Final part of MMO hacking discussion at Defcon 19 by Michael Donnelly, Glider WoW bot author, and Josh Phillips, Kaspersky Lab.
Mike Donnelly: You can also do the language translation, ‘cause they had the thing where Alliance players couldn’t understand what Horde players were saying. That was all client side, so the actual text from the opposing player was sent to the client – it would just choose not to display it. So it’s actually a pretty easy hack to see it, but it’s not really marketable, I don’t know who’s gonna pay for that.
Josh Phillips: Yeah, good luck selling that. But it’s not very powerful – wow, you can talk to humans if you’re an orc… “I’m in your base killing your mans”…
I guess I’m gonna tell you exactly how to write a teleport hack. So the easy way to do a teleport hack is you’re gonna have to, like, find the player position in memory, use WriteProcessMemory to overwrite that, and then you’ll teleport. And you can also – if you know where the code is that’s responsible for updating player’s location – call that directly with some functions. Is there a teleport spell? You know, maybe there’s a ‘Lua’ function called, you know, ‘CastSpell’ and it takes the parameters like the location you want to teleport to, and the server doesn’t verify that…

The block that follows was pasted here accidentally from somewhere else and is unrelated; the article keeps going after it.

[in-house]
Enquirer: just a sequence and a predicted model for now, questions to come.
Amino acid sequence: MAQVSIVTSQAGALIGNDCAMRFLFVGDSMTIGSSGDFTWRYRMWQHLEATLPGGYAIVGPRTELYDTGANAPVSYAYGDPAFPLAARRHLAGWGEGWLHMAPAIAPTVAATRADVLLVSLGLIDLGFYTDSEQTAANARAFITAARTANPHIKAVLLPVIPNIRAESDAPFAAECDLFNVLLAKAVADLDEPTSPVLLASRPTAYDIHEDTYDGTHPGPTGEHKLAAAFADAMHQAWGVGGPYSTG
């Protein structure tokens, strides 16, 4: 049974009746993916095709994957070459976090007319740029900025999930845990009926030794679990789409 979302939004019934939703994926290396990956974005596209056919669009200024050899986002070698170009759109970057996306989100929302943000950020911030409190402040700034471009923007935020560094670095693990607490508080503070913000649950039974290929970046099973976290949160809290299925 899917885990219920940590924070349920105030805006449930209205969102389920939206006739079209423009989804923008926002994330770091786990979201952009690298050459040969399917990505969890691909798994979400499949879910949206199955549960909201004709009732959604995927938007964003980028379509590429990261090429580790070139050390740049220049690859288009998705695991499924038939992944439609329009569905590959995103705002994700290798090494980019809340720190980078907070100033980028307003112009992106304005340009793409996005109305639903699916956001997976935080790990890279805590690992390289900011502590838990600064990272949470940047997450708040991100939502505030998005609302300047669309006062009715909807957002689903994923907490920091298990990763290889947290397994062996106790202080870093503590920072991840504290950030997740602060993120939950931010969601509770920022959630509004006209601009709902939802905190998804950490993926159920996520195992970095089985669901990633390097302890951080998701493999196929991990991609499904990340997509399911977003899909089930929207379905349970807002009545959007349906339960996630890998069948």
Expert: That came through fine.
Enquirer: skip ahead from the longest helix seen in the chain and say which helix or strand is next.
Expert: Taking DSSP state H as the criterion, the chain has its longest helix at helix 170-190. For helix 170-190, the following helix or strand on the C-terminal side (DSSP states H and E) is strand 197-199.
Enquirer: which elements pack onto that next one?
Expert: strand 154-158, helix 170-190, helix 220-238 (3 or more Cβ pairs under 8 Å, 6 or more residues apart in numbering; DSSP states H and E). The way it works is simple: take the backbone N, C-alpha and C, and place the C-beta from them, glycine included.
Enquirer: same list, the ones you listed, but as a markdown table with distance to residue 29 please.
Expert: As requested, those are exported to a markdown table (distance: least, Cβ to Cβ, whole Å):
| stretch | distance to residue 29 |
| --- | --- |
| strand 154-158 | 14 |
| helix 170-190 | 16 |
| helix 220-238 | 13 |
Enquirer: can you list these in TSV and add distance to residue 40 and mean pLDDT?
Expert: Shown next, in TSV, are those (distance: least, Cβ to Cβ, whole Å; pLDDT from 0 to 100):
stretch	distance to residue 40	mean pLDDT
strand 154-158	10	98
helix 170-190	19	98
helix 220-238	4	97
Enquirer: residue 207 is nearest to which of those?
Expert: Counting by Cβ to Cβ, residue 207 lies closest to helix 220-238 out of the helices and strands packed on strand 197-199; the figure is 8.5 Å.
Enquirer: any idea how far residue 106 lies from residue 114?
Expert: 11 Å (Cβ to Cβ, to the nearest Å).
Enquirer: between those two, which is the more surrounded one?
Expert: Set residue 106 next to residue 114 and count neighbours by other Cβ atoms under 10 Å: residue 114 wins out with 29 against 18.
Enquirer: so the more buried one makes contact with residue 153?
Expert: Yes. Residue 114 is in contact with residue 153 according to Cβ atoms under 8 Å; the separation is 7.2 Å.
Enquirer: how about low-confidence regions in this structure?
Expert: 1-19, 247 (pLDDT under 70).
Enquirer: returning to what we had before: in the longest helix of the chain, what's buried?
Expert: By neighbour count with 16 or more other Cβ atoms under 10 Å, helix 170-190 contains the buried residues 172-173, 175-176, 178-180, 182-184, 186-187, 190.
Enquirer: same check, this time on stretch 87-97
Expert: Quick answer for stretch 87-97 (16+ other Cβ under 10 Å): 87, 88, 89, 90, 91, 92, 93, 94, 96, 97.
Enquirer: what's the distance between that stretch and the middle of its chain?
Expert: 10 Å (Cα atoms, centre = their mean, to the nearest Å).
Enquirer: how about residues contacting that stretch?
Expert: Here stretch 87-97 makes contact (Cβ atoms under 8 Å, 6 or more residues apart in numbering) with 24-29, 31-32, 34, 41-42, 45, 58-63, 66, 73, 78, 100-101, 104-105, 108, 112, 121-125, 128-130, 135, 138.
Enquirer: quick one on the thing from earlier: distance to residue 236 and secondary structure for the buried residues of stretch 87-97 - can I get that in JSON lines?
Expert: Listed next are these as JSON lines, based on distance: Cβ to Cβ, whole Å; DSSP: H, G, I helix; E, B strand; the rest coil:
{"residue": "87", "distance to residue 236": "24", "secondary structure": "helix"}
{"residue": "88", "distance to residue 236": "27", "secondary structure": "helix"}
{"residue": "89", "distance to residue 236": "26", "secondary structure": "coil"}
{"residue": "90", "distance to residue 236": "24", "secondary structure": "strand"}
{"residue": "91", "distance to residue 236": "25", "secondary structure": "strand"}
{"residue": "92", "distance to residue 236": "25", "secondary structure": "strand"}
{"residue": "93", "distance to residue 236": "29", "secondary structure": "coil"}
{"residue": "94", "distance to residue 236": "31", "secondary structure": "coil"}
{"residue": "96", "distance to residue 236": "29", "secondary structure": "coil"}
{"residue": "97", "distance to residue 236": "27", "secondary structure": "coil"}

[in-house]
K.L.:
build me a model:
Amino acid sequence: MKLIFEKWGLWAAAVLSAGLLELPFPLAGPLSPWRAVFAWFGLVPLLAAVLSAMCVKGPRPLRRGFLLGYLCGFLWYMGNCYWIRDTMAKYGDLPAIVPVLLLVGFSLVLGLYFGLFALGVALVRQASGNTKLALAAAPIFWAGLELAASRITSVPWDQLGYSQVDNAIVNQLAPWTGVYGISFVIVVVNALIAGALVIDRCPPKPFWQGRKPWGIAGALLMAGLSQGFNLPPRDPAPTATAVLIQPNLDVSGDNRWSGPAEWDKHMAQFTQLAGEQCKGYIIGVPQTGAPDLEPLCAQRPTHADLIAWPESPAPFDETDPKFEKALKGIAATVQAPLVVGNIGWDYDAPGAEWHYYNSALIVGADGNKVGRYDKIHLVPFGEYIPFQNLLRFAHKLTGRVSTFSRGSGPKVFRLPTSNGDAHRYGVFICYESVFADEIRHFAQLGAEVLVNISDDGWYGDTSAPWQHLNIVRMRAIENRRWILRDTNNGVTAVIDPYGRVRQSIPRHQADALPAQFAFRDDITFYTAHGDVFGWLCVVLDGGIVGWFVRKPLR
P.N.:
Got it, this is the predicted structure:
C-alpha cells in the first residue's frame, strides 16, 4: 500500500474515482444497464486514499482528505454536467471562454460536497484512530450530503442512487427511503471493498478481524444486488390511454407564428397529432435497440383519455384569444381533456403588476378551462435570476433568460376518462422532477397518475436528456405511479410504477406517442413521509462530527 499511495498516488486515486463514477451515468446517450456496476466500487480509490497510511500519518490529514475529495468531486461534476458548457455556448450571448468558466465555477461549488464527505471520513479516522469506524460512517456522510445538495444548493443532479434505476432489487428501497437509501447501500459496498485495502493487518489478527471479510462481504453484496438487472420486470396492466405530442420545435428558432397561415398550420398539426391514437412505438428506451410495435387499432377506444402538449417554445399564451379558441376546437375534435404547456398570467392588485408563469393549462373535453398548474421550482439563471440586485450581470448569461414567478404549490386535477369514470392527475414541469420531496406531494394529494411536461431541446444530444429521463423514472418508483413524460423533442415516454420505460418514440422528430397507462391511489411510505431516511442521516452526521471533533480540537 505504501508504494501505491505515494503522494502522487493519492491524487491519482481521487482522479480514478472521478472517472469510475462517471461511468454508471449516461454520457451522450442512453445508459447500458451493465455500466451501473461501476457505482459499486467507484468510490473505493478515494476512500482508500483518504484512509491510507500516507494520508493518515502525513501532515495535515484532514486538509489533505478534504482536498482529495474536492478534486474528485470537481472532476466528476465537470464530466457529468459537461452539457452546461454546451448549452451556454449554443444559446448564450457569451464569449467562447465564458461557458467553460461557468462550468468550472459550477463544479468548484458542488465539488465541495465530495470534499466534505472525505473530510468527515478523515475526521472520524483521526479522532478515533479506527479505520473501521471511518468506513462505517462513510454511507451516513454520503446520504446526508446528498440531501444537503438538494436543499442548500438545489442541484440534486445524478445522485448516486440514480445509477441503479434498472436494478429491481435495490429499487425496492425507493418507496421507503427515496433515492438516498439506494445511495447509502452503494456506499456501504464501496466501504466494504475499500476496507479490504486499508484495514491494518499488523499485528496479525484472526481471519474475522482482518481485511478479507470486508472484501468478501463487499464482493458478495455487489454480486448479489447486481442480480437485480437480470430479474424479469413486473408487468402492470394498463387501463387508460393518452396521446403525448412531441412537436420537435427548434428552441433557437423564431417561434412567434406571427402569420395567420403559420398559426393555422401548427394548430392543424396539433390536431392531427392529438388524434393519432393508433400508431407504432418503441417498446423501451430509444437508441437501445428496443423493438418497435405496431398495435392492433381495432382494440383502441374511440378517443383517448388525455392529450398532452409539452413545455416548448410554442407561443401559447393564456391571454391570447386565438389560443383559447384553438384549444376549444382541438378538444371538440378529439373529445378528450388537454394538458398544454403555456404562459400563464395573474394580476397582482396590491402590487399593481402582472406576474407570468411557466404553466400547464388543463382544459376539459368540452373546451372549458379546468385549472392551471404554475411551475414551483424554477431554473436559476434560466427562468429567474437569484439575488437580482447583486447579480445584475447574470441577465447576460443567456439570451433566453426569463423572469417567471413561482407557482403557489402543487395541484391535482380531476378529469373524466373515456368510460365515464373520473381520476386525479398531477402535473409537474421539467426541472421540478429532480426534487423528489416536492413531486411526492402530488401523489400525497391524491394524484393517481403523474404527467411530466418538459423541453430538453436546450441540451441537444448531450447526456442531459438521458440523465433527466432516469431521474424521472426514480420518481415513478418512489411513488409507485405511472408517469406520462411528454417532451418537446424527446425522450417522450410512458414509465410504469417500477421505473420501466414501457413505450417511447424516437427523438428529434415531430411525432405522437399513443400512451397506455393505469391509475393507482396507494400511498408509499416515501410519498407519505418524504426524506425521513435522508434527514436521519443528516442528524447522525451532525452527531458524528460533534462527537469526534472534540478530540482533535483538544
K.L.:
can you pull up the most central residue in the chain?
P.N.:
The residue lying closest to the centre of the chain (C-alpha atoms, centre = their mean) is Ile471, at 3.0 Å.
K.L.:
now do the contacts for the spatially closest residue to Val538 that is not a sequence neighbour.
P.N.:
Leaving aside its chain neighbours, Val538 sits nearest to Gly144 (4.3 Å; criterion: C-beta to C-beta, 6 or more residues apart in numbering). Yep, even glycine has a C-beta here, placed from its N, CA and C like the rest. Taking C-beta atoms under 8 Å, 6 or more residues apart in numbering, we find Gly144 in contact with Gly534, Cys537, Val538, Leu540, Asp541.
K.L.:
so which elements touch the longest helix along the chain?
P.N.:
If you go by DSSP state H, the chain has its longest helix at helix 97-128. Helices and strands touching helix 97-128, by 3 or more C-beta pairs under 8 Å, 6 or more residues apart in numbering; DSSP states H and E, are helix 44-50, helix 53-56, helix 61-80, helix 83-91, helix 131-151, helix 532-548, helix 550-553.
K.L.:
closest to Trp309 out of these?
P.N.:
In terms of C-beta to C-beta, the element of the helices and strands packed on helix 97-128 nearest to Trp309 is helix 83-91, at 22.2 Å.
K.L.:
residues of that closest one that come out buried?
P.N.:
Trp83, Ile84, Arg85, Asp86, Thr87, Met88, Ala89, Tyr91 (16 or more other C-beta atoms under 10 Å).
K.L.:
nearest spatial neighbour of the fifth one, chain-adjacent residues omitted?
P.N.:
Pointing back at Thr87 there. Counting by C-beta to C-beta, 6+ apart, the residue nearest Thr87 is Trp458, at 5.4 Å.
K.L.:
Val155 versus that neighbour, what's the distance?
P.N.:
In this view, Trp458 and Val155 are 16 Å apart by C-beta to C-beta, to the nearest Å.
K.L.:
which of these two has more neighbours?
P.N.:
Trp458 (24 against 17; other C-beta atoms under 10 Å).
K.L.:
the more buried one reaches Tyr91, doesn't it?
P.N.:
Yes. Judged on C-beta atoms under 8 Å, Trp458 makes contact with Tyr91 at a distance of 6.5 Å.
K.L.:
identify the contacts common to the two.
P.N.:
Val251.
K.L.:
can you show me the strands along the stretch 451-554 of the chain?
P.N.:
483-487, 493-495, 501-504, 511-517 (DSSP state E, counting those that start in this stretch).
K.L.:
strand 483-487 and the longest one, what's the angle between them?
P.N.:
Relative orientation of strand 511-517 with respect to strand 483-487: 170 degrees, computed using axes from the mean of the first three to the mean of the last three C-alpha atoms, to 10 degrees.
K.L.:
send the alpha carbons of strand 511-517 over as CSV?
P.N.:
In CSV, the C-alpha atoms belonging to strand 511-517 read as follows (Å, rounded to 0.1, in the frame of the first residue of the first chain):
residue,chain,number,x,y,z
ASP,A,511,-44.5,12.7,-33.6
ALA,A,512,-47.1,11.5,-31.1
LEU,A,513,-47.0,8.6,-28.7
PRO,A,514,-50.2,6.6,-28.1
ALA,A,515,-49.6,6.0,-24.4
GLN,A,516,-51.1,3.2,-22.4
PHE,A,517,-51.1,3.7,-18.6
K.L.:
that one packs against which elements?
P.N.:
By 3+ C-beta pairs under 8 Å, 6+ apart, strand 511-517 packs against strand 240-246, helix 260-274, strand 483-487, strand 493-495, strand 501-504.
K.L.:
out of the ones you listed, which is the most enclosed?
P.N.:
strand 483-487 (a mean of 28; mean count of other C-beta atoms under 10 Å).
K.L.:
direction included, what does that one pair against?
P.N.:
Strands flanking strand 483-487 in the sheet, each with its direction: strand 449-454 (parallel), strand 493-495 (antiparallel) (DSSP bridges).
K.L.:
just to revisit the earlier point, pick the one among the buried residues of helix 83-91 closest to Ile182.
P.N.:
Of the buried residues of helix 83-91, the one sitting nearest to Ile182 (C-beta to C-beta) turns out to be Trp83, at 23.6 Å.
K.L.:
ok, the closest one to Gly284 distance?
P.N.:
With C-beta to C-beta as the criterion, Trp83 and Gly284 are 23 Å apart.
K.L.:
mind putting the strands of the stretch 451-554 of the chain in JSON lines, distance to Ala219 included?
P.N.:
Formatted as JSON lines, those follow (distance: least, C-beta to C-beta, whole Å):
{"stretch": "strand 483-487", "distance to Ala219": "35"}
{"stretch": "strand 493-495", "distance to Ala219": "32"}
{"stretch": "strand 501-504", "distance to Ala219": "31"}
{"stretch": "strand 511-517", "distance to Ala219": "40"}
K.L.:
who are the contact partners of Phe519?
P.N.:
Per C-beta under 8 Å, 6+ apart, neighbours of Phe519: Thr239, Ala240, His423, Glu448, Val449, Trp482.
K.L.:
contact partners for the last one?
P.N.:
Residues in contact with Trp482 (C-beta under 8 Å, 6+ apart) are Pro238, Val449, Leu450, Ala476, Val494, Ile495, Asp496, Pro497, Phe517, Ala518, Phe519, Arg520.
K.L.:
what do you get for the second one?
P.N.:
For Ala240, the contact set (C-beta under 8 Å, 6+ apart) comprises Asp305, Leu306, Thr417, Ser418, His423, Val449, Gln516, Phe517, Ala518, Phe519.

Mike Donnelly: That’s basic tinkering. It’s not gonna work today but that kinda stuff is out there, and poking and prodding it is actually fun to find.
Josh Phillips: It definitely worked in some games. The hard way is when you actually have to get down to forging movement packets. You have to do some math, you have to reverse-engineer the structures for the movement packets and maybe adjust the timestamp so that you can teleport or run faster.
Logic attack – this is what we were talking about with ‘Age of Conan’. You could give fall damage to anything in the game, and that’s how you kill the GM. You told them that you had a million fall damage and he would die.